This paper describes the hot-box testing (based on ASTM C1363-11) of seven straw bale wall panels to obtain their thermal conductivity values. All panels were constructed with stacked bales and cement-lime plaster skins on each side of the bales. Four panels were made with traditional, 2-string field bales of densities ranging from 89.5 kg/m3–131 kg/m3 and with the bales on-edge (fibres perpendicular to the heat flow). Three panels were made with manufactured high-density bales (291 kg/m3–372 kg/m3). The fibres of the manufactured bales were randomly oriented.

The key conclusion of this paper is that within the experimental error, there is no difference in the thermal conductivity value for panels using normal density bales and manufactured high density bales up to a density of 333 kg/m3. However, because of lack of precision of the hot-box, no conclusions can be made on the true thermal conductivity of the high density bale panels. In addition, the panels tested were found to have significant voids between bales, and this is believed to have contributed to higher measured thermal conductivity values compared to those reported in the literature for normal density bale panels. Thermal properties may be affected for bales with higher densities than 333 kg/m3, therefore further testing is suggested.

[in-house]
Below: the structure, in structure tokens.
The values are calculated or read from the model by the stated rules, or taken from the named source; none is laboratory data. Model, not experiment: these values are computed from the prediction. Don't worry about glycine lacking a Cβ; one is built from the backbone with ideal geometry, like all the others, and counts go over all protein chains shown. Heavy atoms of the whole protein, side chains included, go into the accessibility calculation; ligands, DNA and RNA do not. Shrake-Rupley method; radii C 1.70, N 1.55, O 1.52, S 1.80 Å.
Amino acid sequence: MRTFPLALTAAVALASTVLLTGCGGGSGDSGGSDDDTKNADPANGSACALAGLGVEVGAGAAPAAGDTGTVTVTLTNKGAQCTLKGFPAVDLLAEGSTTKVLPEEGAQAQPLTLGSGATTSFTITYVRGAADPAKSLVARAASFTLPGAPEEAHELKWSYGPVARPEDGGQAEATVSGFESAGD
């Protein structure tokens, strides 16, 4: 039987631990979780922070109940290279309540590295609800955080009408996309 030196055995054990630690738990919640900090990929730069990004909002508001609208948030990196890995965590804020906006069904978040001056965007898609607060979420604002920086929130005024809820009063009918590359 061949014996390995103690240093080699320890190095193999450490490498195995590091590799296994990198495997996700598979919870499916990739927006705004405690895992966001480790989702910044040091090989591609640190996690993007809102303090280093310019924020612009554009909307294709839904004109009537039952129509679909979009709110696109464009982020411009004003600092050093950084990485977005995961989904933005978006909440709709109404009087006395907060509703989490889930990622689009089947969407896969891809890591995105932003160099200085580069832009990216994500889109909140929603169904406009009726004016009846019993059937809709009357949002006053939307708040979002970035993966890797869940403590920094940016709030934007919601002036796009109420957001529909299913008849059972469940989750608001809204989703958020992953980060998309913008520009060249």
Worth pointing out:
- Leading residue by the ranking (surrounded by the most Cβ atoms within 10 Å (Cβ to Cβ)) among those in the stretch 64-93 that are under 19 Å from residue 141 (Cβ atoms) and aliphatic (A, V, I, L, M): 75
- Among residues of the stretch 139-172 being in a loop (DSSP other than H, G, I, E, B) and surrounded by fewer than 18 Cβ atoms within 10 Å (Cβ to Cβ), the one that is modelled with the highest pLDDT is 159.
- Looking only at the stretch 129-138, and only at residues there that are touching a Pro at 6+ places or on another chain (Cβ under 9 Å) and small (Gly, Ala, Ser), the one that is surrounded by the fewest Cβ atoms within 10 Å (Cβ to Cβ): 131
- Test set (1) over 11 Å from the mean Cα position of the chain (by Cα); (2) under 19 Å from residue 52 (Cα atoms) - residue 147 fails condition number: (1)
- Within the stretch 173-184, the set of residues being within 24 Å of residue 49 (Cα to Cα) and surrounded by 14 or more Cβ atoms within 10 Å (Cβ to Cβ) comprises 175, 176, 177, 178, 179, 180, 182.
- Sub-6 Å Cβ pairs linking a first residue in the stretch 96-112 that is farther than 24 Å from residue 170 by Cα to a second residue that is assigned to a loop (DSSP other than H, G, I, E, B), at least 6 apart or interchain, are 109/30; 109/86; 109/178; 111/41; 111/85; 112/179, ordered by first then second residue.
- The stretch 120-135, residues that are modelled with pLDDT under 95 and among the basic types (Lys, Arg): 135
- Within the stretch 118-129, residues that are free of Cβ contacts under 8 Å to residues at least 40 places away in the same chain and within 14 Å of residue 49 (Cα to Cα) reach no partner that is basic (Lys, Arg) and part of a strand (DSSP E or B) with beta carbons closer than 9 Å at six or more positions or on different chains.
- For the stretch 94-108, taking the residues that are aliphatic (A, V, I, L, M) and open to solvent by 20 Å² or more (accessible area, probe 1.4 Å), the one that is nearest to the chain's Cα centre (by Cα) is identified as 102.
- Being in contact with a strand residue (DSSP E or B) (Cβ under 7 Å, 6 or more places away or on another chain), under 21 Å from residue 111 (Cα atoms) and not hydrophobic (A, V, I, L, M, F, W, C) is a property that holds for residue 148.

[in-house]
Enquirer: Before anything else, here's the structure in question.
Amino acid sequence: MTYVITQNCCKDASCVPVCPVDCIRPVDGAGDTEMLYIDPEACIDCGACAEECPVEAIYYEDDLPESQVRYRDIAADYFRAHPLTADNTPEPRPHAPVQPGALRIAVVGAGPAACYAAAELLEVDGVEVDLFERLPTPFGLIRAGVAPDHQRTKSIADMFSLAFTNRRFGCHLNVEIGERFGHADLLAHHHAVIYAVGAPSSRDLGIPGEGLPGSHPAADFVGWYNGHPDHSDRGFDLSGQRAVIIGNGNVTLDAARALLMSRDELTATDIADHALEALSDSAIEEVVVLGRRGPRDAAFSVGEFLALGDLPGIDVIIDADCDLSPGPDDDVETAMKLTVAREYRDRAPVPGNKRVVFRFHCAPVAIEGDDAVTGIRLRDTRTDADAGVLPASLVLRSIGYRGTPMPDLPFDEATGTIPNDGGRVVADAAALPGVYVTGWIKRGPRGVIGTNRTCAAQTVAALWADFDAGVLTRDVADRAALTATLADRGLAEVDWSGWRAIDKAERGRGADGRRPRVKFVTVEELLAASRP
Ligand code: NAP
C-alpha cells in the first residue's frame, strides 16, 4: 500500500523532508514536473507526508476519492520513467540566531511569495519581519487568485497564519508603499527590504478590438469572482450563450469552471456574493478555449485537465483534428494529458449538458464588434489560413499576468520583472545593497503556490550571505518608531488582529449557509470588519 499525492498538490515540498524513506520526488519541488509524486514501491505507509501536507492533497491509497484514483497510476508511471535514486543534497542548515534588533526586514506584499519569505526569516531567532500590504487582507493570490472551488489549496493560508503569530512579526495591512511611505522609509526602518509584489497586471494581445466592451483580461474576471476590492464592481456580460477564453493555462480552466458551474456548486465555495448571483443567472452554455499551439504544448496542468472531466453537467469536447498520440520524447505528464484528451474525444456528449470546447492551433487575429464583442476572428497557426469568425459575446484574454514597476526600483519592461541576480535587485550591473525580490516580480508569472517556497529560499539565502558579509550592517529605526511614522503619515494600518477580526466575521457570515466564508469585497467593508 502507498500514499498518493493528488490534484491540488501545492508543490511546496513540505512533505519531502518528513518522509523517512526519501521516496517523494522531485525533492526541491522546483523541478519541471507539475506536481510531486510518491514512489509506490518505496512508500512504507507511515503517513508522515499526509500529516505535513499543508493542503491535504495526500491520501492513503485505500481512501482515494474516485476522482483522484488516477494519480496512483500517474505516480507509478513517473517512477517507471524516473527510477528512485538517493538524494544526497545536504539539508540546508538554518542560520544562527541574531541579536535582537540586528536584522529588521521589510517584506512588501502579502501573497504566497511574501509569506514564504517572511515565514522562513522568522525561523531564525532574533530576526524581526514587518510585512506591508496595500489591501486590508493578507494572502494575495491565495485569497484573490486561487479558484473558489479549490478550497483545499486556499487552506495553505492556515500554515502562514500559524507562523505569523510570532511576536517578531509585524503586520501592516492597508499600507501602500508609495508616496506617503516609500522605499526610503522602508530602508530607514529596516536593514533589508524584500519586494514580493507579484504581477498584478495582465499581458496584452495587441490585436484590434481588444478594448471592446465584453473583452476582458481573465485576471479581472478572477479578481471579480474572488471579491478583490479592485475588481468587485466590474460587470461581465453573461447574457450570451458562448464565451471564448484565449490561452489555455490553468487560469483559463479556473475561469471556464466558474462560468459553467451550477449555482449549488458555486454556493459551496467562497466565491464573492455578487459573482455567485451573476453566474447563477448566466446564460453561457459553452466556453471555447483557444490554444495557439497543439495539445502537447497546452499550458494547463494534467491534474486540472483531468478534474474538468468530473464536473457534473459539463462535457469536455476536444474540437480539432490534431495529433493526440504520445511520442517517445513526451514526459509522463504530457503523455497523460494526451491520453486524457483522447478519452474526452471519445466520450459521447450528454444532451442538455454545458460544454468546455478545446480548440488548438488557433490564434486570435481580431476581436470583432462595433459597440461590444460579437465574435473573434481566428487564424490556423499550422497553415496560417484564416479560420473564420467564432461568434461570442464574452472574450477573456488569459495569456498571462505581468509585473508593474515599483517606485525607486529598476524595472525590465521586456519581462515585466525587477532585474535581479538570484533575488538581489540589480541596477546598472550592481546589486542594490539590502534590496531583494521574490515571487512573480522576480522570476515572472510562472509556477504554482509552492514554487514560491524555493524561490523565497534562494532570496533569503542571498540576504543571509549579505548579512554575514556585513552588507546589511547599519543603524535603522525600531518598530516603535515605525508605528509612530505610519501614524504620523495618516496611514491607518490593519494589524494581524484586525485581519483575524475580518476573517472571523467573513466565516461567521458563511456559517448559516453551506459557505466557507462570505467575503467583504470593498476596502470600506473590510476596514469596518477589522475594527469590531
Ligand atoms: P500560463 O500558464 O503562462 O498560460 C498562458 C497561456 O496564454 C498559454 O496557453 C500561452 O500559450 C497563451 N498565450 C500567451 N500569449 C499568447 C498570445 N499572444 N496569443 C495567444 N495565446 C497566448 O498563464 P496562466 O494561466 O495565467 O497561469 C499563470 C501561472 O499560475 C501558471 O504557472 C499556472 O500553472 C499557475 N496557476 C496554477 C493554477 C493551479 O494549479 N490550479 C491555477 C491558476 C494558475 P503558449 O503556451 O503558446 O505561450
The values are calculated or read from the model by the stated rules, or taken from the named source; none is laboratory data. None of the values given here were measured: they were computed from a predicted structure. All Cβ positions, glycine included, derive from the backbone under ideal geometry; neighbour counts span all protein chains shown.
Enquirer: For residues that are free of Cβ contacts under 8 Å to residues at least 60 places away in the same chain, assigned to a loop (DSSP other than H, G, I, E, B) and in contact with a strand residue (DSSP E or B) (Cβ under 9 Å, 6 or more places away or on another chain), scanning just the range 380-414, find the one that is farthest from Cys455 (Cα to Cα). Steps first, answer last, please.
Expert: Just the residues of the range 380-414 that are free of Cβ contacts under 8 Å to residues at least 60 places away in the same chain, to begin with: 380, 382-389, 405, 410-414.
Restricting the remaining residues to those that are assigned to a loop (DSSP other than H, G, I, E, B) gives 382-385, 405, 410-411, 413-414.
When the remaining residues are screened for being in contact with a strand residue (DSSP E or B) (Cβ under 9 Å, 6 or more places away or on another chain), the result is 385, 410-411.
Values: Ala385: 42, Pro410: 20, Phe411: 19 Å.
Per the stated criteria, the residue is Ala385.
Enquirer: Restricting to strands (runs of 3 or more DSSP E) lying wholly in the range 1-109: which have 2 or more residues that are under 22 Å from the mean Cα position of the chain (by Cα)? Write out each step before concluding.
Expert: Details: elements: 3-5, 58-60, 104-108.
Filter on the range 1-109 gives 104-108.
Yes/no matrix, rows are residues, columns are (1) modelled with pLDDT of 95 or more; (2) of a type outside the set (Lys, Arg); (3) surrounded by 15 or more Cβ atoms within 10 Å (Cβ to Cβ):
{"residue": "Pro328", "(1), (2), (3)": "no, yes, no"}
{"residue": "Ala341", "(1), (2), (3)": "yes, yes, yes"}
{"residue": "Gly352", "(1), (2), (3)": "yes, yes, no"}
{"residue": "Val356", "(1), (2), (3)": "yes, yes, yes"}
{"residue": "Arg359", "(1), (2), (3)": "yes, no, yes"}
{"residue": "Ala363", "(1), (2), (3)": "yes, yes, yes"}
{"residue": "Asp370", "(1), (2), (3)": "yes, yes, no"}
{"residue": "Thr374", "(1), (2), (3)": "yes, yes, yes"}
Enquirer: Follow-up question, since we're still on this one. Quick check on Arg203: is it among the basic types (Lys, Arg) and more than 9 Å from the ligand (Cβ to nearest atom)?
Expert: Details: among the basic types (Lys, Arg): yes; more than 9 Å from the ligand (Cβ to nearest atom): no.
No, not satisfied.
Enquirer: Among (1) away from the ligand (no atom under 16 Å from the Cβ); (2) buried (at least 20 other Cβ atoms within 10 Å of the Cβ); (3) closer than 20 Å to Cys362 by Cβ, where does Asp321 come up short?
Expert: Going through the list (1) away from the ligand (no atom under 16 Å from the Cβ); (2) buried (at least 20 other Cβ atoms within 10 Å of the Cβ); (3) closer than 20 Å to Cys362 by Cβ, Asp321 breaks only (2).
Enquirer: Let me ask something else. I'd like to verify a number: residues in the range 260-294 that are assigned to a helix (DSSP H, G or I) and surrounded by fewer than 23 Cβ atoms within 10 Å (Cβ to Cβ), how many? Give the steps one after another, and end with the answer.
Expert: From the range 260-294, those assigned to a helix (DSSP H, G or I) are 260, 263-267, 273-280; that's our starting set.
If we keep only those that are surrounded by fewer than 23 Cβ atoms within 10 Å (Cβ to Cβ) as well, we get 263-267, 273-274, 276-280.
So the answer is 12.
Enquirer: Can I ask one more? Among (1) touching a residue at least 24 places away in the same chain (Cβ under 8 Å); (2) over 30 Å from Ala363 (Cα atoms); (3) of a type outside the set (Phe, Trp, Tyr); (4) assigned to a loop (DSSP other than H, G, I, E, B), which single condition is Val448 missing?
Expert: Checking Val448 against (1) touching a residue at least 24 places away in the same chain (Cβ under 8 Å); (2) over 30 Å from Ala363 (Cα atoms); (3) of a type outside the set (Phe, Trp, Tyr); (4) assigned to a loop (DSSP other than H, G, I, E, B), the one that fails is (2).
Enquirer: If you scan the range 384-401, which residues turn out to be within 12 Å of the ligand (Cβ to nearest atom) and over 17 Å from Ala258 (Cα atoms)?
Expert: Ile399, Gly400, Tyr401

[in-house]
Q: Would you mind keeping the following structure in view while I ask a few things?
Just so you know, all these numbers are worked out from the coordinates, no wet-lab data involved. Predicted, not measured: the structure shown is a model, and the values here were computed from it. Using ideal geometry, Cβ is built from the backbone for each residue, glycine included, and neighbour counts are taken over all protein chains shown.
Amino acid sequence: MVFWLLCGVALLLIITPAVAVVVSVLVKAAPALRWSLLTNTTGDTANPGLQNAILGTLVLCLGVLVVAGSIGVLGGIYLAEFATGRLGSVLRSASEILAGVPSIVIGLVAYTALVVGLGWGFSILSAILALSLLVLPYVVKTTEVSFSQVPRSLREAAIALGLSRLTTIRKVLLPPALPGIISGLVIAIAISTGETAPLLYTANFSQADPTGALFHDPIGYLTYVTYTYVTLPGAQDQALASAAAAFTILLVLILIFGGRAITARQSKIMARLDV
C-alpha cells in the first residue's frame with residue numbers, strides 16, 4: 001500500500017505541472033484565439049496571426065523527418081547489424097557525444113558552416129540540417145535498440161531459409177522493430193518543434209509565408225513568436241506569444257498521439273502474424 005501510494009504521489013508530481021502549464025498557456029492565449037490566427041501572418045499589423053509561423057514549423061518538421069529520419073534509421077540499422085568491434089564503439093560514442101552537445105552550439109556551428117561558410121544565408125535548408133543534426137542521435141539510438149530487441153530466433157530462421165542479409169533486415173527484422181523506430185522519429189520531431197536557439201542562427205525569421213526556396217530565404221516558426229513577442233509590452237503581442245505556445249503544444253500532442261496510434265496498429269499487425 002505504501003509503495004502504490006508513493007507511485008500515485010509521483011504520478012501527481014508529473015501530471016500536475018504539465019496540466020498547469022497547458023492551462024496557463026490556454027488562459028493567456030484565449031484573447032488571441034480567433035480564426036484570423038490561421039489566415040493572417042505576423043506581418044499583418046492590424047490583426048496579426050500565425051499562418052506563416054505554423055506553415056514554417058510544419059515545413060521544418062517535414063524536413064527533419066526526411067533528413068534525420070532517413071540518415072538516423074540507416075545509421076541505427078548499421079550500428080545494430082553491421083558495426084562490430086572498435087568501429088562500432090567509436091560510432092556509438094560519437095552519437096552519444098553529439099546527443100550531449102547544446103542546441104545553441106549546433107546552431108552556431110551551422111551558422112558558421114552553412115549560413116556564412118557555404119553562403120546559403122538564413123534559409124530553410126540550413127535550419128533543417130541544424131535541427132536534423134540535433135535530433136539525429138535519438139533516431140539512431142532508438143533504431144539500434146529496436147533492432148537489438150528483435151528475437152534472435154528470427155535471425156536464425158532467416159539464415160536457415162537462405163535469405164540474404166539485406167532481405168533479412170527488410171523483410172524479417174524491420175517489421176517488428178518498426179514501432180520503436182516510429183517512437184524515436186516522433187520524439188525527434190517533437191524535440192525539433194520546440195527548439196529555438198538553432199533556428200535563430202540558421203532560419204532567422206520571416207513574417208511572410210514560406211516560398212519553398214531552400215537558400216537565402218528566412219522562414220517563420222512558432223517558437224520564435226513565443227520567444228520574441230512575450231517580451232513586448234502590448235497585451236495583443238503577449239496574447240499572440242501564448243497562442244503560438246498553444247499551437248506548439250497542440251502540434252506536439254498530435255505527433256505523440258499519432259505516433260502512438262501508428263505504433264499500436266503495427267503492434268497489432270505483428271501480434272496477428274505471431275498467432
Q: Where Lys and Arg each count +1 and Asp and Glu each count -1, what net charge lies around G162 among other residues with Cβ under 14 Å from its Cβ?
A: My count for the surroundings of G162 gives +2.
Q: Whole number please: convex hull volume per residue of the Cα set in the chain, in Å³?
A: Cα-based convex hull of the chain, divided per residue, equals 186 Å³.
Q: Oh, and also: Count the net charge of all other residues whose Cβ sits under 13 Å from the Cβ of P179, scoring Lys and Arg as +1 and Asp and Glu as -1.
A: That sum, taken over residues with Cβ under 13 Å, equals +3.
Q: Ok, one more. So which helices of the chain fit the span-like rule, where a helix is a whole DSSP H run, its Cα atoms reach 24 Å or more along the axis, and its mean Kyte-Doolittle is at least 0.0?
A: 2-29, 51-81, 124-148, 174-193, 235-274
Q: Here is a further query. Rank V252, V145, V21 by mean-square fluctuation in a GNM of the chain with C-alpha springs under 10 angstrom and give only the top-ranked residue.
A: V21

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Author notes

1. Sarah Seitz, PhD Candidate, Dept. of Civil Engineering, Queen's University, Kingston, Ontario, Canada

2. Kyle Beaudry, M.A.Sc. Candidate, Dept. of Civil Engineering, Queen's University, Kingston, Ontario, Canada

3. Colin MacDougall, Associate Professor, Dept. of Civil Engineering, Queen's University, Kingston, Ontario, Canada (corresponding author, macdougc@queensu.ca).